German Chancellor Angela Merkel on Wednesday (25 May) brushed off concerns about a landmark EU-Turkey deal designed to stem the flow of refugees to Europe after critical comments by her Turkish counterpart.
“I am not worried,” Merkel told reporters. “Maybe some issues will require more time, but in principle we, for our part, will stick to the agreement.”
President Recep Tayyip Erdogan on Tuesday (24 May) warned the European Union that the Turkish parliament would block laws related to the deal if Ankara was not granted its key demand of visa-free travel.
The stark warning came amid spiralling tensions between the Turkish leader and the EU over a string of issues ranging from existing accords to human rights.
President Recep Tayyip Erdoğan yesterday (24 May) warned the European Union that lawmakers would block legislation related to the landmark deal to stem the flow of refugees to Europe if Ankara was not granted its key demand of visa-free travel.
There have been growing indications Turks will not be given the visa-free travel by the target of the end of June, and Merkel warned after talks with Erdogan on Monday (23 May) that the target was unlikely to be met.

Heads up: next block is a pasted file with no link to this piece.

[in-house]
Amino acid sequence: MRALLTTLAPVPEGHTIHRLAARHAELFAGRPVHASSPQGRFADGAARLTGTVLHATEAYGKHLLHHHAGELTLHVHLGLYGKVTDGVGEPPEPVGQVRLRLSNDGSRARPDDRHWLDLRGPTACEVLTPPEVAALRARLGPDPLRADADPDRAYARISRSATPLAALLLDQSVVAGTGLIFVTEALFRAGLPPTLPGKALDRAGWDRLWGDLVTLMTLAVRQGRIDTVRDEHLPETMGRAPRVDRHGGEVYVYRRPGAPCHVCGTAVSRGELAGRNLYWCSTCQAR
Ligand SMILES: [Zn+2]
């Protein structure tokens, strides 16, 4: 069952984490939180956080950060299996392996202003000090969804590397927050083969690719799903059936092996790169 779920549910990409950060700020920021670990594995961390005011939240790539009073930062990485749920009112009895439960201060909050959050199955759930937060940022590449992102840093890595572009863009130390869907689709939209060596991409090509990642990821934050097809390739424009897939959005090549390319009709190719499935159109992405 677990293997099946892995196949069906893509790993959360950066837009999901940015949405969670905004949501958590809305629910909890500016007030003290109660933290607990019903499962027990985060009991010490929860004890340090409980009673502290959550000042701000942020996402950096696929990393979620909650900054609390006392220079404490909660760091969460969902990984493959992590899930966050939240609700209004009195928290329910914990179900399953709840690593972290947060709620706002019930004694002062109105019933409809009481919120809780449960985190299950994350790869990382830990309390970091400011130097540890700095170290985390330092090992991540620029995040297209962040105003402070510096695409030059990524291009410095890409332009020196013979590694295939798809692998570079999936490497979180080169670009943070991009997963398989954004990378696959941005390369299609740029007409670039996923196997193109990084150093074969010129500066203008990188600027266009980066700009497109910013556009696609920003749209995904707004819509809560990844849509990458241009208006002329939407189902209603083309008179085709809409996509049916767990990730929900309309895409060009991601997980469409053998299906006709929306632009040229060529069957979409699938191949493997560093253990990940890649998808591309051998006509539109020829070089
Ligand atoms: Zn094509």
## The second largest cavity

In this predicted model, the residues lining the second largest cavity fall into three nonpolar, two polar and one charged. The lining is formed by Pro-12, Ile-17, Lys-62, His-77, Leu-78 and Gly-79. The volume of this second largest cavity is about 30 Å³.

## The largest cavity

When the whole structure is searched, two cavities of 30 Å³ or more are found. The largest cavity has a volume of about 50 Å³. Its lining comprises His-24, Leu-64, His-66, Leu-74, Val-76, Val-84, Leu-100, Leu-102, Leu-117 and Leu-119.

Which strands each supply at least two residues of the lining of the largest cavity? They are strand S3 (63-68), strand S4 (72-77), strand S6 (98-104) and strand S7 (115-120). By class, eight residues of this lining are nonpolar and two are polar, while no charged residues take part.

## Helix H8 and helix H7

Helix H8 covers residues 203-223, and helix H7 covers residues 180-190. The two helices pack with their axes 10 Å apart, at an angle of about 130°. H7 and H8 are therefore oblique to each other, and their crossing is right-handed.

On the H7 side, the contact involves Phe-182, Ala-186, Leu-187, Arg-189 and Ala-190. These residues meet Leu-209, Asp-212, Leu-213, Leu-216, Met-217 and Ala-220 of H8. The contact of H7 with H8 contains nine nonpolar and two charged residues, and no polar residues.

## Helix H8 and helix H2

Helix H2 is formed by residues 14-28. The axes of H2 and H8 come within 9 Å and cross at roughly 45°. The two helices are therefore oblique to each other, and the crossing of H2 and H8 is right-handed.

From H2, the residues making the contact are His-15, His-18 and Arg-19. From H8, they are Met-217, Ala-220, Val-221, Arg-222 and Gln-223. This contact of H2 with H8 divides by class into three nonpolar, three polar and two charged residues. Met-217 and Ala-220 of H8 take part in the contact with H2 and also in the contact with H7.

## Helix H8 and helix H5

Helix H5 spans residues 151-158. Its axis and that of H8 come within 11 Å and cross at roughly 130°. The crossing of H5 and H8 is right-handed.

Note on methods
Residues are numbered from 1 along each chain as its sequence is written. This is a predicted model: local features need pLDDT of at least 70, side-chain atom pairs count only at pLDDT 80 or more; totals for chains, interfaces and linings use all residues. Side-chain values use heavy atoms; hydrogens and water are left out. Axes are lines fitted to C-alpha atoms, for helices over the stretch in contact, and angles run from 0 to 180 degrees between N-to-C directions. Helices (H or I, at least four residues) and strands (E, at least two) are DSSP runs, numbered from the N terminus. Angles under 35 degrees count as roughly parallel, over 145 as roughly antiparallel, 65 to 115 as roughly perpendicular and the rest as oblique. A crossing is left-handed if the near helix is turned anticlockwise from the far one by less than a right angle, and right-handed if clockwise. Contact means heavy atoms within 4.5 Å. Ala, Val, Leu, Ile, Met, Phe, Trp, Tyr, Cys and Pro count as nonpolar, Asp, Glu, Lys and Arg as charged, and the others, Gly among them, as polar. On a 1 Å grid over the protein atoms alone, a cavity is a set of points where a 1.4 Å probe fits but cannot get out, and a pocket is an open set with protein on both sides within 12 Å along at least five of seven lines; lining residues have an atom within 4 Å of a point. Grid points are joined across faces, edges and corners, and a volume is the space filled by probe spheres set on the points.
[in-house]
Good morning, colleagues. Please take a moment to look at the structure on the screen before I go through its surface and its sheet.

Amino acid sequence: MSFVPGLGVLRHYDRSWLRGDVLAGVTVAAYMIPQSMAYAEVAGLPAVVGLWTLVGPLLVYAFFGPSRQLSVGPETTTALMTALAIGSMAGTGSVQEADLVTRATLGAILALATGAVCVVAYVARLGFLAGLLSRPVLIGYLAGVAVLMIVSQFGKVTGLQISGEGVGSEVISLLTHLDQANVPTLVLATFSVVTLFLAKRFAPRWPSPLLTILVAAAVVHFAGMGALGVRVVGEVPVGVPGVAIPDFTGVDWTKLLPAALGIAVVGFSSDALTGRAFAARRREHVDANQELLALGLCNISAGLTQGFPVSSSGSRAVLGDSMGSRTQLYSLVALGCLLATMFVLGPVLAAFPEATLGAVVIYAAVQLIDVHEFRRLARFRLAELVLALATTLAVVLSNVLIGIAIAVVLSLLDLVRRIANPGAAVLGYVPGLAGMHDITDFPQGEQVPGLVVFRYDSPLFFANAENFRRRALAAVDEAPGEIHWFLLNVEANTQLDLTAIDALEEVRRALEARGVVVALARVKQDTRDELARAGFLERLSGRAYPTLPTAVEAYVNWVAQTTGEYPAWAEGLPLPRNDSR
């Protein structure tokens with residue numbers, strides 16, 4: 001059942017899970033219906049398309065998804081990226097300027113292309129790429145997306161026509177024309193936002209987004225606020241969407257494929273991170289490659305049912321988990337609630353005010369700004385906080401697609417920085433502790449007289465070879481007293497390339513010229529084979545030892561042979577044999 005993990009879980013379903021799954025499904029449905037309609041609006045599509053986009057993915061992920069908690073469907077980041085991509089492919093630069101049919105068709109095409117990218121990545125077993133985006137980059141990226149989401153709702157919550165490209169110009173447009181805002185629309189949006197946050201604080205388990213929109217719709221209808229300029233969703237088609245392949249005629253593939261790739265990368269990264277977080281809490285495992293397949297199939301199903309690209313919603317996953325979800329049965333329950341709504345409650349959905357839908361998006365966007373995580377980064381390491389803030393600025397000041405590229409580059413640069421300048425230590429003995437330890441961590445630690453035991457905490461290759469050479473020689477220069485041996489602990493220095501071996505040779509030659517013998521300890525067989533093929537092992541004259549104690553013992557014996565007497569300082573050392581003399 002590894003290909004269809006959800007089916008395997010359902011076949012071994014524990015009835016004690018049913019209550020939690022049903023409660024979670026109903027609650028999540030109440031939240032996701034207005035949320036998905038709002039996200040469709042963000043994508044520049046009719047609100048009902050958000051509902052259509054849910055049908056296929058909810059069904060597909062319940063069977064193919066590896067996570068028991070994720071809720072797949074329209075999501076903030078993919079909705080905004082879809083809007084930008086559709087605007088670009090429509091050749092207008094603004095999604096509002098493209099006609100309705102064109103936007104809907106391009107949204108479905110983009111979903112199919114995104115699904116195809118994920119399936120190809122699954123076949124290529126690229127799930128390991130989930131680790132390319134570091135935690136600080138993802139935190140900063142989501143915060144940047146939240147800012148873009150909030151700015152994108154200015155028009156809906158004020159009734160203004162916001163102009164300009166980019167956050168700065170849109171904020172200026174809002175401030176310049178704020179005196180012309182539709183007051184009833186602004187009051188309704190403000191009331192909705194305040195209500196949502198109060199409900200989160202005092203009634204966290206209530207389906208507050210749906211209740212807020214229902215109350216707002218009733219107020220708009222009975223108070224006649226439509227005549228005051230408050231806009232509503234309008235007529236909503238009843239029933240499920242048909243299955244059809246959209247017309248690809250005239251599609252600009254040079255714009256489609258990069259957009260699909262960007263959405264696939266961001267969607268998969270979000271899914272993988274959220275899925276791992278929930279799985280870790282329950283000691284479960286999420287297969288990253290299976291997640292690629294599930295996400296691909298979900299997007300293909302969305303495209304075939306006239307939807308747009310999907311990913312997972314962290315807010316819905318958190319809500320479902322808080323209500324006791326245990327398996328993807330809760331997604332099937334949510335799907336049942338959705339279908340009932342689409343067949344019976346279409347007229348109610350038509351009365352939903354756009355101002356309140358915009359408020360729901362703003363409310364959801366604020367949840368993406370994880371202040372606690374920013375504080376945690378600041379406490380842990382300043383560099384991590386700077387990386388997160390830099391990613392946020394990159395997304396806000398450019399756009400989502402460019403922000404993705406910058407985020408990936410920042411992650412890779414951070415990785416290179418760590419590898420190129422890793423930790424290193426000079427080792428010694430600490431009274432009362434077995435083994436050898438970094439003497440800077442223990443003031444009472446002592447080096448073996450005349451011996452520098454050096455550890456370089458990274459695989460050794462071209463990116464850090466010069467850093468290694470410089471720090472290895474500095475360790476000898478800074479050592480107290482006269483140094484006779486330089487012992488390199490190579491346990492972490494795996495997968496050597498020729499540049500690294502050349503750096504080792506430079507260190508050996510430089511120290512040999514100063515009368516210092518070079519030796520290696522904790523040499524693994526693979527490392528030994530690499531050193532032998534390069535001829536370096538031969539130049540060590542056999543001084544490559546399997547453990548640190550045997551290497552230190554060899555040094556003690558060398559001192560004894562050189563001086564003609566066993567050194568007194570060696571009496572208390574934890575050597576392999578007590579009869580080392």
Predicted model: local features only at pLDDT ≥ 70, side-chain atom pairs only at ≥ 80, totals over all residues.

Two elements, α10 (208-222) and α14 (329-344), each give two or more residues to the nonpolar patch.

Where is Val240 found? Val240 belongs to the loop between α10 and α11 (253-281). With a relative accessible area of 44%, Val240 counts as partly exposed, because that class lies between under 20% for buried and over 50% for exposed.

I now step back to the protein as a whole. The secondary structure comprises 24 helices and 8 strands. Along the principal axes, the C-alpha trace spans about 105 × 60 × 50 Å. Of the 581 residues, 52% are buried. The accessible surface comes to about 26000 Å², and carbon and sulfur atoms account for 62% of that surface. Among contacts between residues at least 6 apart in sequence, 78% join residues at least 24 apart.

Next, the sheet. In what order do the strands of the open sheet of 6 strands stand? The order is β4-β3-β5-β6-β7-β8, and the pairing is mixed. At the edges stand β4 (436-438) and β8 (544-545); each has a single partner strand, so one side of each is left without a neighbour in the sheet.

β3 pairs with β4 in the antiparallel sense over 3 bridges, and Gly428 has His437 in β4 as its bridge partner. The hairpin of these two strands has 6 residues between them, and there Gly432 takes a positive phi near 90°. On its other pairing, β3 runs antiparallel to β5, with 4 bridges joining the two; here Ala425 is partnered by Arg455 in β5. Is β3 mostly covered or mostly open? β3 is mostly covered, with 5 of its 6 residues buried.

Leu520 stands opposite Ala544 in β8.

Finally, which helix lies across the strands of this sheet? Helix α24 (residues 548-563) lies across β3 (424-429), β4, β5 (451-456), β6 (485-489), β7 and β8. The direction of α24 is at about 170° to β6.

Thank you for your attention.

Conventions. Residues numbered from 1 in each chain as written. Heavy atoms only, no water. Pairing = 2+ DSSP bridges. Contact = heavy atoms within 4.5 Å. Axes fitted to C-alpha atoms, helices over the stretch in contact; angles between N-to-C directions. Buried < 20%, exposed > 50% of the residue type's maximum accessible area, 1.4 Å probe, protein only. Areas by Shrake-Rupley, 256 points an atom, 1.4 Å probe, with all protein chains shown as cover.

EU leaders are insisting that Turkey abide by 72 conditions before the visa exemption takes place, with a demand to change counter-terrorism laws proving particularly contentious.
The EU wants Ankara to narrow its definition of terror to stop prosecuting academics and journalists for publishing “terror propaganda”.
Austria’s Defence Minister, Hans Peter Doskozil, said on Wednesday meanwhile that the country was ready should the deal between the EU and Turkey collapse and the flow of refugees resume.
“We are preparing ourselves… We want to signal that we are capable of controlling our own borders,” Doskozil told reporters in the southern Austrian city of Klagenfurt.
Bulgaria asked the European Union to develop a backup plan, in the event that Turkey refuses to implement its agreement to deal with the refugee crisis, Foreign Minister Daniel Mitov said on Friday (20 May).
Austria last year became a key transit country for hundreds of thousands of refugees travelling up from Greece through the western Balkans, mostly towards Germany and Scandinavia.
The inflow has slowed to a trickle however since countries along this “Balkan route” closed their borders and the EU-Turkey accord came into force in March.
Austria has nevertheless been preparing border controls in case the influx starts again, including at the Alpine Brenner Pass on the border with Italy, to the annoyance of Rome.
Austria saw 90,000 people claim asylum last year, helping boost the far-right Freedom Party (FPOe) which narrowly failed on Sunday to win elections for the largely ceremonial but coveted presidency.